Comprehensive planning is a prerequisite for all business disciplines, but running a successful warehouse demands even more: a skilful blend of specialised technology, analytical prowess, and space optimisation. This multi-dimensional responsibility makes warehouse management a complex process.
The efficiency of warehouse operations is critical for quick, accurate order shipments and subsequent customer satisfaction. One way of ensuring efficiency is through process optimisation – a key strategy involving a systematic approach to efficiently utilising warehouse’s time, space, and resources. Prioritising efficiency can result in timely order fulfilment for the end customer and cost reductions through an effective supply chain.
How to optimise a warehouse
Building a smart warehouse to improve operations can be challenging due to the numerous components involved. Companies often have precise requirements, meaning no two warehouses are the same.
However, most companies will benefit from prioritising the following four key areas when optimising their warehouse operations.
- Invest in an Automated Storage and Retrieval System (ASRS)
There are several types of ASRS available for order picking, and the choice you make depends on the specific needs of your company. Ultimately, your decision will be influenced by factors such as the nature of your operation and its products, your throughput goals, and your budget.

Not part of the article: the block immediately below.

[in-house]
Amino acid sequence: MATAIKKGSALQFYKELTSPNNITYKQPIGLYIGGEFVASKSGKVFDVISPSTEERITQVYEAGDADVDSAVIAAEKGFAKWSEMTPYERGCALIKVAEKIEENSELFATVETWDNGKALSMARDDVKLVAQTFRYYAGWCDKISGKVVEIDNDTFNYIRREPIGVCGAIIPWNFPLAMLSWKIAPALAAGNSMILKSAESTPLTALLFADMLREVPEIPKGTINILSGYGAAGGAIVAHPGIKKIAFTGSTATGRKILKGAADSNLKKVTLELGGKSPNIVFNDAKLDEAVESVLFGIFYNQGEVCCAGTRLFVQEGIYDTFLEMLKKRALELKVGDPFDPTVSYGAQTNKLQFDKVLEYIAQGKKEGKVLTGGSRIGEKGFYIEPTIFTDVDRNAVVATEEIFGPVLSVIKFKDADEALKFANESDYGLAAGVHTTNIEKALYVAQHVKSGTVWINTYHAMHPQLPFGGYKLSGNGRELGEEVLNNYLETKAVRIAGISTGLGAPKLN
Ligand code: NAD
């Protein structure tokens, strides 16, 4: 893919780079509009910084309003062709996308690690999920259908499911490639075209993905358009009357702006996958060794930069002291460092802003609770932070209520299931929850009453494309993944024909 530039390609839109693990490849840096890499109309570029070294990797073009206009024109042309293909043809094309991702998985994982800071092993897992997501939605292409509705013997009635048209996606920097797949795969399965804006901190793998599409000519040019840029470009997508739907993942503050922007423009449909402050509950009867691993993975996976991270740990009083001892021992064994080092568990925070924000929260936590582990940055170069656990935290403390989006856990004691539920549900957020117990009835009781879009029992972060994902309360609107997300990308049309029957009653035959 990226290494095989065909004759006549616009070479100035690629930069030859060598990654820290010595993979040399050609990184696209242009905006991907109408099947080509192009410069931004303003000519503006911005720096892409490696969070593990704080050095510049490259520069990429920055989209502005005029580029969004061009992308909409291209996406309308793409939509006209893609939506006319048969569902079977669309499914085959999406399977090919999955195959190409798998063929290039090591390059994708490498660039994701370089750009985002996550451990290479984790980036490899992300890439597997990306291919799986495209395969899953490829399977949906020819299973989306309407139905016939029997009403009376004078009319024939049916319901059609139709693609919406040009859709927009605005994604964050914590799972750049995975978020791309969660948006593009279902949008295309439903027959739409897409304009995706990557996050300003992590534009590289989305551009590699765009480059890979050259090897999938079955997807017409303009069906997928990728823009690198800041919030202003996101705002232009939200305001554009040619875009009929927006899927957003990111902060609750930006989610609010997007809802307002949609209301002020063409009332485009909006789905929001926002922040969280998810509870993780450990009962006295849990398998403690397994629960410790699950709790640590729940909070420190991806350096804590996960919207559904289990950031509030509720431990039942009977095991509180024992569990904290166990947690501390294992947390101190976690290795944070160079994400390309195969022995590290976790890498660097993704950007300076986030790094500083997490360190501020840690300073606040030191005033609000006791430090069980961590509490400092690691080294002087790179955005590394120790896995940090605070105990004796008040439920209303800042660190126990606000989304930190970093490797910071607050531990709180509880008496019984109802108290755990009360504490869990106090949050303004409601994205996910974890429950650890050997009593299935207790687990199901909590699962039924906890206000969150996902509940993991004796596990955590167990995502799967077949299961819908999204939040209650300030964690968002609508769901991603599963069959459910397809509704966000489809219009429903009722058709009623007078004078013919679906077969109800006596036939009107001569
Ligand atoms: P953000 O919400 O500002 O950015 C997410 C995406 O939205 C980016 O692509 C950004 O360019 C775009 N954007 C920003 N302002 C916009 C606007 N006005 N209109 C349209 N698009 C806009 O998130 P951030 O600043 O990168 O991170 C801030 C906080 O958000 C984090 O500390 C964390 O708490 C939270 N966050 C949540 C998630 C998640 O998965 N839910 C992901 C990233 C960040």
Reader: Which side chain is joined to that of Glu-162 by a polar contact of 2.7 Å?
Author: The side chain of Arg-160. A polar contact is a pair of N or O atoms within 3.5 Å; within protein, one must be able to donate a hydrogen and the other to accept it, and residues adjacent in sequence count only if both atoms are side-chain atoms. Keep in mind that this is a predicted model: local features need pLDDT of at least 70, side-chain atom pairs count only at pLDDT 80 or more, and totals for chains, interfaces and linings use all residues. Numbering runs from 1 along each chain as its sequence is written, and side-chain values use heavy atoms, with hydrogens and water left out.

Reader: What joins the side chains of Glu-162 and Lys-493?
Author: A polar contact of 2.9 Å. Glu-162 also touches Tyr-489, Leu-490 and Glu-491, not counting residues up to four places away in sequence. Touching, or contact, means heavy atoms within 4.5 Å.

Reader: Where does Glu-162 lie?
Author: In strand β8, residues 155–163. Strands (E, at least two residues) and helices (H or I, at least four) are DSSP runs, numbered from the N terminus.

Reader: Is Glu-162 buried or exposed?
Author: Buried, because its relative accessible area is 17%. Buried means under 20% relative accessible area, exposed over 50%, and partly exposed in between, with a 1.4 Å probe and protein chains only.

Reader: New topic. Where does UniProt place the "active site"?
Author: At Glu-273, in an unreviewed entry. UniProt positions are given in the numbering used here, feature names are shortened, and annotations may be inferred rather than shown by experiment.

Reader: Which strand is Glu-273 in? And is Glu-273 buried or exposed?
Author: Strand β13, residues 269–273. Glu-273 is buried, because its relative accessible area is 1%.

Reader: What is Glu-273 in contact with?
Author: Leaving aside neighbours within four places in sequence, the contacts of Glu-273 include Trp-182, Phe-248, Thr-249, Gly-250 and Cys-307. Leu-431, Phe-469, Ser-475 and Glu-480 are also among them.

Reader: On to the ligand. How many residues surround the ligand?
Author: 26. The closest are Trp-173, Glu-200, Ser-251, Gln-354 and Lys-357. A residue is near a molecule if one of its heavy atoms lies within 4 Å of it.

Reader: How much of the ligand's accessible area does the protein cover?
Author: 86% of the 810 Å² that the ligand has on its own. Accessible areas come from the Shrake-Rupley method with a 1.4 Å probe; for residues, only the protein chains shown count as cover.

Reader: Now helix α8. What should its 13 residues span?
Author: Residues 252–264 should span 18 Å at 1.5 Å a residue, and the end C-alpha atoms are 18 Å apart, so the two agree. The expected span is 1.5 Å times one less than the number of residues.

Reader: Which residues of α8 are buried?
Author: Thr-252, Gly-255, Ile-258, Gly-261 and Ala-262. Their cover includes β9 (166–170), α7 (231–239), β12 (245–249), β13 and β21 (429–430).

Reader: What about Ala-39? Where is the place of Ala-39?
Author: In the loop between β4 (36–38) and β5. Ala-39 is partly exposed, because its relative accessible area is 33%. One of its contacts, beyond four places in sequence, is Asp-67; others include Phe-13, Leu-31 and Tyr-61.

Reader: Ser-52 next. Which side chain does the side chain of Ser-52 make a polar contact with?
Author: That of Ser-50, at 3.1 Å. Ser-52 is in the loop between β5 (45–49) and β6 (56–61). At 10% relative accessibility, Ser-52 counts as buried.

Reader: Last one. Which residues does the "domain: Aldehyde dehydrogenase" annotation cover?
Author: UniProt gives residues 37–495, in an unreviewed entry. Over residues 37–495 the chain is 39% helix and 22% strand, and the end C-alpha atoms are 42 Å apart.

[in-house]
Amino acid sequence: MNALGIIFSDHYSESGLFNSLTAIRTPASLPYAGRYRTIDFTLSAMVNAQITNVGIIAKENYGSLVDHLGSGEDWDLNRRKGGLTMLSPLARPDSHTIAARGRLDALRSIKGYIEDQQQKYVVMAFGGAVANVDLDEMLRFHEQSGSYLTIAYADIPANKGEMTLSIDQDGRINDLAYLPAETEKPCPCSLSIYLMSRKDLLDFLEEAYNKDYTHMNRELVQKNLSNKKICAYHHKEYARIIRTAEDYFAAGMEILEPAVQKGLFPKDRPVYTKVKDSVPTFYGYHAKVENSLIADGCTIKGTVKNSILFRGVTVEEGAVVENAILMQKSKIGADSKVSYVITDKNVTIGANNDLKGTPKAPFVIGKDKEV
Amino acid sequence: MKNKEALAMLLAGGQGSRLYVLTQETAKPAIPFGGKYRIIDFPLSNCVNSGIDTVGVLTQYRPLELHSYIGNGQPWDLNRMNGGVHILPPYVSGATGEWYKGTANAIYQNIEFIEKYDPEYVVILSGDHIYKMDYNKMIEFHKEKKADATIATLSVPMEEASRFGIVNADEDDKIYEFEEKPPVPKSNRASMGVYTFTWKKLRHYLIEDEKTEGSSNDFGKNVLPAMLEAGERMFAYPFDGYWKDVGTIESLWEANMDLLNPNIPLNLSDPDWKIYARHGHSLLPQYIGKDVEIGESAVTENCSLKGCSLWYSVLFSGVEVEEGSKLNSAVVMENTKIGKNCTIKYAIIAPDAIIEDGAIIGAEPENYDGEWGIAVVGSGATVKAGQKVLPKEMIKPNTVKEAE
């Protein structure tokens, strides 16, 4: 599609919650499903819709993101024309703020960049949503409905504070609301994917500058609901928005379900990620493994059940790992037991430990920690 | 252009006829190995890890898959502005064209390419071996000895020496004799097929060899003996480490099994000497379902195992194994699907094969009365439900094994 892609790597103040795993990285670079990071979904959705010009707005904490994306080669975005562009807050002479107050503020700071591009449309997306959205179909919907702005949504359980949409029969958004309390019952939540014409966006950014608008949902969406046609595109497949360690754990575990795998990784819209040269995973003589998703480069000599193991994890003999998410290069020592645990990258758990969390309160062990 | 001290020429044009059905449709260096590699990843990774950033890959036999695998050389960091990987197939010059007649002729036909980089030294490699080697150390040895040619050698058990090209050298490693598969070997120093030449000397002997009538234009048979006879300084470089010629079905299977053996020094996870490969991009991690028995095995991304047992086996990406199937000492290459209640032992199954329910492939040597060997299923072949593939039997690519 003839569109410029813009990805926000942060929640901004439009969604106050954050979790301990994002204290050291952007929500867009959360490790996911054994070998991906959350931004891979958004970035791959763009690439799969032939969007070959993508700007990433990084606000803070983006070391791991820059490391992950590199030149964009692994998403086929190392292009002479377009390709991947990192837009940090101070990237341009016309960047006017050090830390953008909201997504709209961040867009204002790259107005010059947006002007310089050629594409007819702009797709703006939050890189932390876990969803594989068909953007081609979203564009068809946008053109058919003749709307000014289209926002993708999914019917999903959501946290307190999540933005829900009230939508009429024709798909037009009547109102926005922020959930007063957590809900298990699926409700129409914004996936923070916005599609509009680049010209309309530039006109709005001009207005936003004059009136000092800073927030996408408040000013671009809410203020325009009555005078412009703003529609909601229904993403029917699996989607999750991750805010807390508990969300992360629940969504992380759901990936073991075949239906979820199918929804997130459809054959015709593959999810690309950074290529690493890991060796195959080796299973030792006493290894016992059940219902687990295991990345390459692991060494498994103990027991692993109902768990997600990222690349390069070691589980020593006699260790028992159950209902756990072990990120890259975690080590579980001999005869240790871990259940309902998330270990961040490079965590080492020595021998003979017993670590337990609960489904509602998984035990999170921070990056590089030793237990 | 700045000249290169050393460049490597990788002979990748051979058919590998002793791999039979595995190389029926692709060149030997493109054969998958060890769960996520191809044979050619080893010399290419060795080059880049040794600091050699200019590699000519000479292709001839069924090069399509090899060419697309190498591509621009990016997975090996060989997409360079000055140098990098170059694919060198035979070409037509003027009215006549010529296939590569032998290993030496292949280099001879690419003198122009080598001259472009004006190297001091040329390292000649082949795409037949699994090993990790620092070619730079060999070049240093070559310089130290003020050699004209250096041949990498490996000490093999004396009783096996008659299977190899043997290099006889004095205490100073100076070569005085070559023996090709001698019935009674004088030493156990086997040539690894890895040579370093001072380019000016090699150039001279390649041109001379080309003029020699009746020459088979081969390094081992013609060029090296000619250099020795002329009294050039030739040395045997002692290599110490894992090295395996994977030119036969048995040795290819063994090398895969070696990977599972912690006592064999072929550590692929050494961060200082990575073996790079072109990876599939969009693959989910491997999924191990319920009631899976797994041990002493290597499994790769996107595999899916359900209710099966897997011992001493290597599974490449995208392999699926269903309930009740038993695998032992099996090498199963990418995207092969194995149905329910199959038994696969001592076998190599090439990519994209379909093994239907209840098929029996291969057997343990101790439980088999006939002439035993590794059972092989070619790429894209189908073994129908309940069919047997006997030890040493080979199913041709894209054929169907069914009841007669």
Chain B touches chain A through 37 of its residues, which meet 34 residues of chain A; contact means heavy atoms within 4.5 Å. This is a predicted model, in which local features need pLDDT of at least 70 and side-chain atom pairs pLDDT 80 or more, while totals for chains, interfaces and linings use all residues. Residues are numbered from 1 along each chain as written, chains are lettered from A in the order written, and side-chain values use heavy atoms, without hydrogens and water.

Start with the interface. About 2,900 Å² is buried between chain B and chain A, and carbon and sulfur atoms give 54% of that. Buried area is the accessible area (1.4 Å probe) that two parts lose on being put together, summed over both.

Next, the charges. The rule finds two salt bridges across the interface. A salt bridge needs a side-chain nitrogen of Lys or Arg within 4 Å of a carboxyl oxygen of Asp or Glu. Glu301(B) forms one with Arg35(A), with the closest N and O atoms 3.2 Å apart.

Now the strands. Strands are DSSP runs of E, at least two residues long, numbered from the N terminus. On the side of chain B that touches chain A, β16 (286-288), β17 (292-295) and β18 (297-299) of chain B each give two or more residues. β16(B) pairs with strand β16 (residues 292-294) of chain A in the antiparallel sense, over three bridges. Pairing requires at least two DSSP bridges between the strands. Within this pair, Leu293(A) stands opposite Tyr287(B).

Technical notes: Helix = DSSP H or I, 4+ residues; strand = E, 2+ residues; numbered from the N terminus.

These technologies typically fall into three primary categories:
- Shelf-based picking (where an operator receives an entire shelf or tray of product)
- Bin-based picking (where an operator receives individual bins with a certain quantity of product)
- Robotic picking (where robots pick products and deliver them to an operator)
AutoStore, for example, is one of the world’s leading ASRS. This modular and flexible system is engineered to handle material picking and placement swiftly and precisely at predetermined storage locations. It can be customised to fit any building, and expanding the system is simple when a warehouse reaches its capacity.
- Analyse and optimise your layout
The next rule for optimising a warehouse is to get organised. This involves mapping out the warehouse’s layout and identifying opportunities to improve the flow of goods, such as facilitating the easy retrieval of high-velocity items. An effective approach is to strategically arrange inventory to ensure that frequently ordered items are easily accessible.
For example, AutoStore takes advantage of the well-known 80/20 rule (the Pareto principle) where 80% of order lines are associated with 20% of stock-keeping units (SKUs). The elementary rule is that whenever a bin is presented to a port and returns to the grid, it always returns to a random top location. Consequently, bins containing fast-moving SKUs will already be situated at the top of the grid, ready for the next order dispatch.
The system will, rather ingeniously, reconfigure itself naturally when there is a shift in the SKU profile, such as for fashion items. For example, warm clothing will be at the top of the grid during winter, but customers will start ordering items like hats and sunglasses as summer approaches.